Illustration By: Lily Lazaro
With the ending of spring quarter right around the corner, the countdown towards graduation begins. This academic culmination signifies all the sleepless nights spent studying for exams and the completion of student projects in their various extracurricular organizations. Graduation is therefore a sun-kissed day of elated celebration and long-awaited sighs of relief.
Before you nod in agreement, let’s backtrack a bit and retrace our steps. The four or so years spent in university education, plus the other years we invested in grades K-12, ultimately, what was it all for?
Hallmark prescribers would say, “a better future,” but let’s not ignore our pragmatic friends, who, I would presume, would roughly answer saying, “a future shaped by a profession.” We are all here, because, in the end we have to find jobs that will sustain ourselves as well as our families.
With the repercussions of the financial crisis fresh on our bank accounts, “unemployment” has seen a creeping revival within political debates, media coverage and in suburbia’s dinner discussions. Yes, graduation signifies the end of a chapter of positive (and, at times, hung-over) growth, but will it also mean a step towards an uncertain future?
According to UCSB’s Director of Career Services, Micael Kemp, UCSB students who graduated last year (SY 2010-2011) were in better shape than those from the year before them (SY 2009-2010), and things are similarly looking up for this year’s up-coming graduates. Kemp says that with the country’s economic situation, it may take longer to find jobs, but UCSB graduates eventually get accepted into professional fields that they are passionate about.
Zi Cheung, a fourth-year Economics major said, “I am a little positive in looking for a job, because I’m looking into the accounting field, which is in need of new graduates.”
Kemp affirms that although technical majors, like computer engineering and computer sciences, and those with business inclined degrees, such as accounting, are more in demand now; students have to remember that, generally, employers also look into graduates who exhibit a balance of experience (i.e. internships, volunteer work) with academic capability.
Kemp’s recommendations when looking for a job?
“[You] have to start early,” she said. “We all know the job market is tight, so, starting early will give you an advantage.”
A few years after the recession has hit the American fan, Professor Gary Charness of UCSB’s Economics Department, says that now that “the sky has stopped falling” and people are starting to leave their cautious and conservative shells. There’s a wafting sense that we can all slowly move forward again.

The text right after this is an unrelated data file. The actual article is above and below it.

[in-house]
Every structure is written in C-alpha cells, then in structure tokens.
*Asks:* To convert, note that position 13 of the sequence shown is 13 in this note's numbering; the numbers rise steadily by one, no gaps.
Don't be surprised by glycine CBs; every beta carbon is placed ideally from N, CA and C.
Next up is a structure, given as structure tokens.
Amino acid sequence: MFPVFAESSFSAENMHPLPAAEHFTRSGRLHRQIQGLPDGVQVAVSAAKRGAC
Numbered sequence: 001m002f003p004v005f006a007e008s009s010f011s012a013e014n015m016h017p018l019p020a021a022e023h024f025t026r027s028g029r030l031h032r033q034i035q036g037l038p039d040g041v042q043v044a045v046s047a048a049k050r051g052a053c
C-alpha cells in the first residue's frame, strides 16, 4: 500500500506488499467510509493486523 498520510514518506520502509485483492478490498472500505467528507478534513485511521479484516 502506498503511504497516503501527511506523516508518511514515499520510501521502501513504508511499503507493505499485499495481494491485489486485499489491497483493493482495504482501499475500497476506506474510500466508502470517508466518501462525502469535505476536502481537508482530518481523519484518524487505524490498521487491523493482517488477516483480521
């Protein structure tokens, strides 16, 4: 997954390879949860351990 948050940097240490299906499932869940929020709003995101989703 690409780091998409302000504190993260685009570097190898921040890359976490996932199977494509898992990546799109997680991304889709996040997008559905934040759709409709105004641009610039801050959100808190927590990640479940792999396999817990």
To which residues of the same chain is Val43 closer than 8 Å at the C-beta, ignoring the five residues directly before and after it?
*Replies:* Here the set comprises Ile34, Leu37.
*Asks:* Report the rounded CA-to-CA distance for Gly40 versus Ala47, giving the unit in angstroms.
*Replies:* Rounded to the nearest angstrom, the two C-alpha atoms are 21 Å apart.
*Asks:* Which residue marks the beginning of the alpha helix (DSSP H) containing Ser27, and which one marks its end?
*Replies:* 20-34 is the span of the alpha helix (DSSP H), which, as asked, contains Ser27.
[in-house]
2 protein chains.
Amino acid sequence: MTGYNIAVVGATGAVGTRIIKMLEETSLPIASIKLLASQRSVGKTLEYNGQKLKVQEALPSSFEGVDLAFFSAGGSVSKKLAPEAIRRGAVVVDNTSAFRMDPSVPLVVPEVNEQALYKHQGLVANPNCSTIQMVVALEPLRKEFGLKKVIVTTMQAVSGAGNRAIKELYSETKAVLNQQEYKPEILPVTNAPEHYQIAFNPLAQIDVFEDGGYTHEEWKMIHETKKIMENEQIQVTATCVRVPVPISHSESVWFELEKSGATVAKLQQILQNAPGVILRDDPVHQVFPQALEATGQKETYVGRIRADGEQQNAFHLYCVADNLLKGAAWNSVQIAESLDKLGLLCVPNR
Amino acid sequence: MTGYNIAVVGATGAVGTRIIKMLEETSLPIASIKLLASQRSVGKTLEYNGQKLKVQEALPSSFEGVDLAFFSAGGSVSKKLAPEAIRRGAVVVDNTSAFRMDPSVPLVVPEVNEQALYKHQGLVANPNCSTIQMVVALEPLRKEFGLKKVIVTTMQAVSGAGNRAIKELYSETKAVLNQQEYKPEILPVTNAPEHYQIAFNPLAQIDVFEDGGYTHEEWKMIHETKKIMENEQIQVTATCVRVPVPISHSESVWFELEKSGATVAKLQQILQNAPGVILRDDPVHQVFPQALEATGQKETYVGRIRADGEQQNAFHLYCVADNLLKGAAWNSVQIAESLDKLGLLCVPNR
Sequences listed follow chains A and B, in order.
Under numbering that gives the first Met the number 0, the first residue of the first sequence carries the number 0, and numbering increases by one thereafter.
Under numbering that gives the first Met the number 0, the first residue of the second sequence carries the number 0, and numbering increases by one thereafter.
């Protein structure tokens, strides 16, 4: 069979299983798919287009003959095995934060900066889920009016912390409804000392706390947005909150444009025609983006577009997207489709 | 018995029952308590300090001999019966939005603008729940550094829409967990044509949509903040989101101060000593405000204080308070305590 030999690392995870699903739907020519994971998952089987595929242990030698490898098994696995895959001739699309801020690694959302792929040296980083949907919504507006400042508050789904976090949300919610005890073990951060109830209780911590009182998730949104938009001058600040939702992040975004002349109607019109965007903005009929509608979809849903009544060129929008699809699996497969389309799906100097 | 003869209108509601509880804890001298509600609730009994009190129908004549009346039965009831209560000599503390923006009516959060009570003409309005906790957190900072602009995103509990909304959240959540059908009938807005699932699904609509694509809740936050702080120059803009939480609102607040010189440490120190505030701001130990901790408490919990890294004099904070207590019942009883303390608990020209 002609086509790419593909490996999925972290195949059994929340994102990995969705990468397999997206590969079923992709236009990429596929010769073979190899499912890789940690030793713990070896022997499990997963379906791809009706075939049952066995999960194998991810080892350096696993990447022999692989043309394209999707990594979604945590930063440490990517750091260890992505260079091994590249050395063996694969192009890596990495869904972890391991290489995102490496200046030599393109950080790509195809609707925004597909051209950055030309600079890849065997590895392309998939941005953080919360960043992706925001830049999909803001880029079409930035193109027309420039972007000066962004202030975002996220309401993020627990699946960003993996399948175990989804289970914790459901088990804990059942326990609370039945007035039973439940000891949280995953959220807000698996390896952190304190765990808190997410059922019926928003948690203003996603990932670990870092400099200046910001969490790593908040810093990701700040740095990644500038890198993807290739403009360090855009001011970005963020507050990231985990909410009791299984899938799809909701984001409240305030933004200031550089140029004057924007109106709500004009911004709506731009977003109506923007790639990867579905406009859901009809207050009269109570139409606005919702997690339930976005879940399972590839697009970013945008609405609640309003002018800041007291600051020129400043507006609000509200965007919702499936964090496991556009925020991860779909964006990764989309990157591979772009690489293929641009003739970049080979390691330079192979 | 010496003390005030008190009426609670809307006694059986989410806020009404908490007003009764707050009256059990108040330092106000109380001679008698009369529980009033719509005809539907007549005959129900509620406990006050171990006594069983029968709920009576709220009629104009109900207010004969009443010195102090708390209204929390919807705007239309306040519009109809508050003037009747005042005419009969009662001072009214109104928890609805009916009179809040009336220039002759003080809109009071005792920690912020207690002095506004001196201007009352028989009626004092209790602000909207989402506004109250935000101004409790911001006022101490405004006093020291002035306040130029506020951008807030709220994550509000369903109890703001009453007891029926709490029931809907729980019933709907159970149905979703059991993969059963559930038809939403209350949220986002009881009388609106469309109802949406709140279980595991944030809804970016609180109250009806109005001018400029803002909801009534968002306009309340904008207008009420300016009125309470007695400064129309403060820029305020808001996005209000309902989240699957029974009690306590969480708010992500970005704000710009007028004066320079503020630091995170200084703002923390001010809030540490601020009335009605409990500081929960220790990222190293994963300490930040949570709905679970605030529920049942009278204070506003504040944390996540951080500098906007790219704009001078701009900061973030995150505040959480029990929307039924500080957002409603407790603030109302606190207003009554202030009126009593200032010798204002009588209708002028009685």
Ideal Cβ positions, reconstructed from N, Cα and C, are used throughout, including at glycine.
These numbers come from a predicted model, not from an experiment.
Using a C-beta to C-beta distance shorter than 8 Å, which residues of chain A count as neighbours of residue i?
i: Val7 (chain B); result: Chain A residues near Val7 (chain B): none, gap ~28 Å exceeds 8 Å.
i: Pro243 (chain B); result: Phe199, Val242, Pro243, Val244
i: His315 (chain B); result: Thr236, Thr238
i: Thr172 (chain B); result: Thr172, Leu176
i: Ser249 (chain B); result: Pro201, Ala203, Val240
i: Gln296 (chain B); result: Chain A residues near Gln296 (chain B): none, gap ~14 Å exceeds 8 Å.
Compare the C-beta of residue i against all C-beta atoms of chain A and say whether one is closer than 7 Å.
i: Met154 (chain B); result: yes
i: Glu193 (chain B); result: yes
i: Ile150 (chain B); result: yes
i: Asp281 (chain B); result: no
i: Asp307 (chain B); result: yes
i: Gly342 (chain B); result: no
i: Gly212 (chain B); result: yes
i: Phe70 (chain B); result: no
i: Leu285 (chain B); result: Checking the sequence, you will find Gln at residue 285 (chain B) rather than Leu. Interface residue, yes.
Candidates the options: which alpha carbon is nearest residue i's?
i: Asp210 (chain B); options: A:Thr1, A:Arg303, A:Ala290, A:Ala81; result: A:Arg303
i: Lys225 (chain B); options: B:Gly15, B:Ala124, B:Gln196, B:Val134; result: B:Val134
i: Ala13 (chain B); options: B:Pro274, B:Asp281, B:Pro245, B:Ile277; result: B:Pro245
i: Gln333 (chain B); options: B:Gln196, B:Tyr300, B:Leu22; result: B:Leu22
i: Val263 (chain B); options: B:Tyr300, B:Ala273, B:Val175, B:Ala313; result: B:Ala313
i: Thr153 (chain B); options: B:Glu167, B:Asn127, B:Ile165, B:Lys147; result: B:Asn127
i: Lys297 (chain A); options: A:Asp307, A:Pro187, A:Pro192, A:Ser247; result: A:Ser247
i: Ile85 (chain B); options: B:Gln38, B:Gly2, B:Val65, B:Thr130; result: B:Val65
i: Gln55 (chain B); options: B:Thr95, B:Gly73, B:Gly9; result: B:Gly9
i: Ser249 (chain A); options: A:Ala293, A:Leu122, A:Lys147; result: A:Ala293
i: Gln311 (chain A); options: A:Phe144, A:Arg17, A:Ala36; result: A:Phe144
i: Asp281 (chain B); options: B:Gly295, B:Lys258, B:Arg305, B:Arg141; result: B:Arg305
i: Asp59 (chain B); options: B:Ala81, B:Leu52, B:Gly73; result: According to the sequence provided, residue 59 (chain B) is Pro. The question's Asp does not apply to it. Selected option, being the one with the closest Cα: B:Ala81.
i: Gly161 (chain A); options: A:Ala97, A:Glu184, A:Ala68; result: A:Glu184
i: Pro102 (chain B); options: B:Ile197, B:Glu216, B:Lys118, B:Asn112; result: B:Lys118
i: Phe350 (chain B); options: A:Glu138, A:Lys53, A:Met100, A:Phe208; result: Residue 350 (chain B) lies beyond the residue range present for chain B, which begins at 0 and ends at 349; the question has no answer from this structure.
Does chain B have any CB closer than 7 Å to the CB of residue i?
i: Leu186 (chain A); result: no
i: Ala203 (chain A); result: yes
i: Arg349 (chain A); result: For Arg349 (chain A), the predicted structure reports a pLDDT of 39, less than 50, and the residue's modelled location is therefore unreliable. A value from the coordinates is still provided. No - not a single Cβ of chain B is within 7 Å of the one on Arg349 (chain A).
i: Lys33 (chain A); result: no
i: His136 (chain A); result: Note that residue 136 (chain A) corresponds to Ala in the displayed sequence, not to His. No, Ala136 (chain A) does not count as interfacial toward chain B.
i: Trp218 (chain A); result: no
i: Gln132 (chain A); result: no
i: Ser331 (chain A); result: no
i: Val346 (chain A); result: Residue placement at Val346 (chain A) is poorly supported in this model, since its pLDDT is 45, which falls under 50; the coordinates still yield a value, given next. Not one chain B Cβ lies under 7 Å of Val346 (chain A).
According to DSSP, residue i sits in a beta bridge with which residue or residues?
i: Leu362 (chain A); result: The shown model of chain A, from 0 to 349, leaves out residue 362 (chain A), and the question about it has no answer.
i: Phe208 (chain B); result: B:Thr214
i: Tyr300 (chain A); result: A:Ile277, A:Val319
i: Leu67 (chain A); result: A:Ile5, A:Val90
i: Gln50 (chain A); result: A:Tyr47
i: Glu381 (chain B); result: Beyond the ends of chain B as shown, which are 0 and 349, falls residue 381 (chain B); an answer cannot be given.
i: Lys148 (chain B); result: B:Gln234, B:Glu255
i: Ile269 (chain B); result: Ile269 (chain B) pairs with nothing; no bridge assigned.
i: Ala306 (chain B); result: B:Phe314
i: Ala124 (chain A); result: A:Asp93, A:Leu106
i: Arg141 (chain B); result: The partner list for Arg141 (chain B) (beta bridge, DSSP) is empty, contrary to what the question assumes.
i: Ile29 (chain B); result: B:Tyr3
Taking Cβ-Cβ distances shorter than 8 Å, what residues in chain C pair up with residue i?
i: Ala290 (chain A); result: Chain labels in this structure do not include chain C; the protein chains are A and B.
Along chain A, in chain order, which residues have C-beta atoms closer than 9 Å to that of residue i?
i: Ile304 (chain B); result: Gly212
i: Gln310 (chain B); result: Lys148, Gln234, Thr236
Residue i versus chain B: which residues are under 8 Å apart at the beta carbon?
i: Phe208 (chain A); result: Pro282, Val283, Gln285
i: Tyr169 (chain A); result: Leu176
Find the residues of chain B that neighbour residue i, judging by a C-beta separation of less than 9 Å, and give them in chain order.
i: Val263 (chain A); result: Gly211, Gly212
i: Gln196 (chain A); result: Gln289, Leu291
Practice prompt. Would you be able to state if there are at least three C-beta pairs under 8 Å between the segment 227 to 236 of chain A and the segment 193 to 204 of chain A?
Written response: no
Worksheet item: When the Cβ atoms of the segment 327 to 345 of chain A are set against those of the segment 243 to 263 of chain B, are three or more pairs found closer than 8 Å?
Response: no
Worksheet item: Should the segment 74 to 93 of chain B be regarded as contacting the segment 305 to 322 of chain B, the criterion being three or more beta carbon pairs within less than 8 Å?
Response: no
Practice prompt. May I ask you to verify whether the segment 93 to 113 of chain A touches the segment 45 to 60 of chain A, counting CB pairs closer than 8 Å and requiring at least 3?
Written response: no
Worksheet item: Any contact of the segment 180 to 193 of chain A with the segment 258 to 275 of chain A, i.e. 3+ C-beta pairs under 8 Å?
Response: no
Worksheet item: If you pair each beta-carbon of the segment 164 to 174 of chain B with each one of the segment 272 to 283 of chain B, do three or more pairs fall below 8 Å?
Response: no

“The trend in the job market is positive, although it is not strong, firms are starting to hire once [again],” he said.
Putting the recession to the back of the brain is something helpful for employers and potential employees.
“People forget how bad it was a few years ago, so…I don’t feel hopeless about this situation. We’re definitely doing better right now than we did then,” adds Charness.
Perhaps the most important thing is to do something that you love, even if you do not get paid the amount you dream about. We sometimes forget that this is something we will have to do for days on end, thus we better love doing it.
And that is what Charness advises job-seeking UCSB students to do.
“Follow your dream. Things take time, yes. But, eventually, they will get better,” said Charness.
So, advance congratulatory greetings go out to all of you graduating seniors – a big chunky chapter of crazy Isla Vista nights is about to end, but know that your book has many more empty chapters waiting to be written.
“Don’t be discouraged by rejection. Keep [your] spirits up. You’ve gone so far already. With some friends, you can form an informal ‘job club.’ Together, you can stick to the process of resume-sending [and help each other],” said Kemp.
Career Services packed this quarter with advice workshops for seniors. To see which ones are left log onto www.career.ucsb.edu.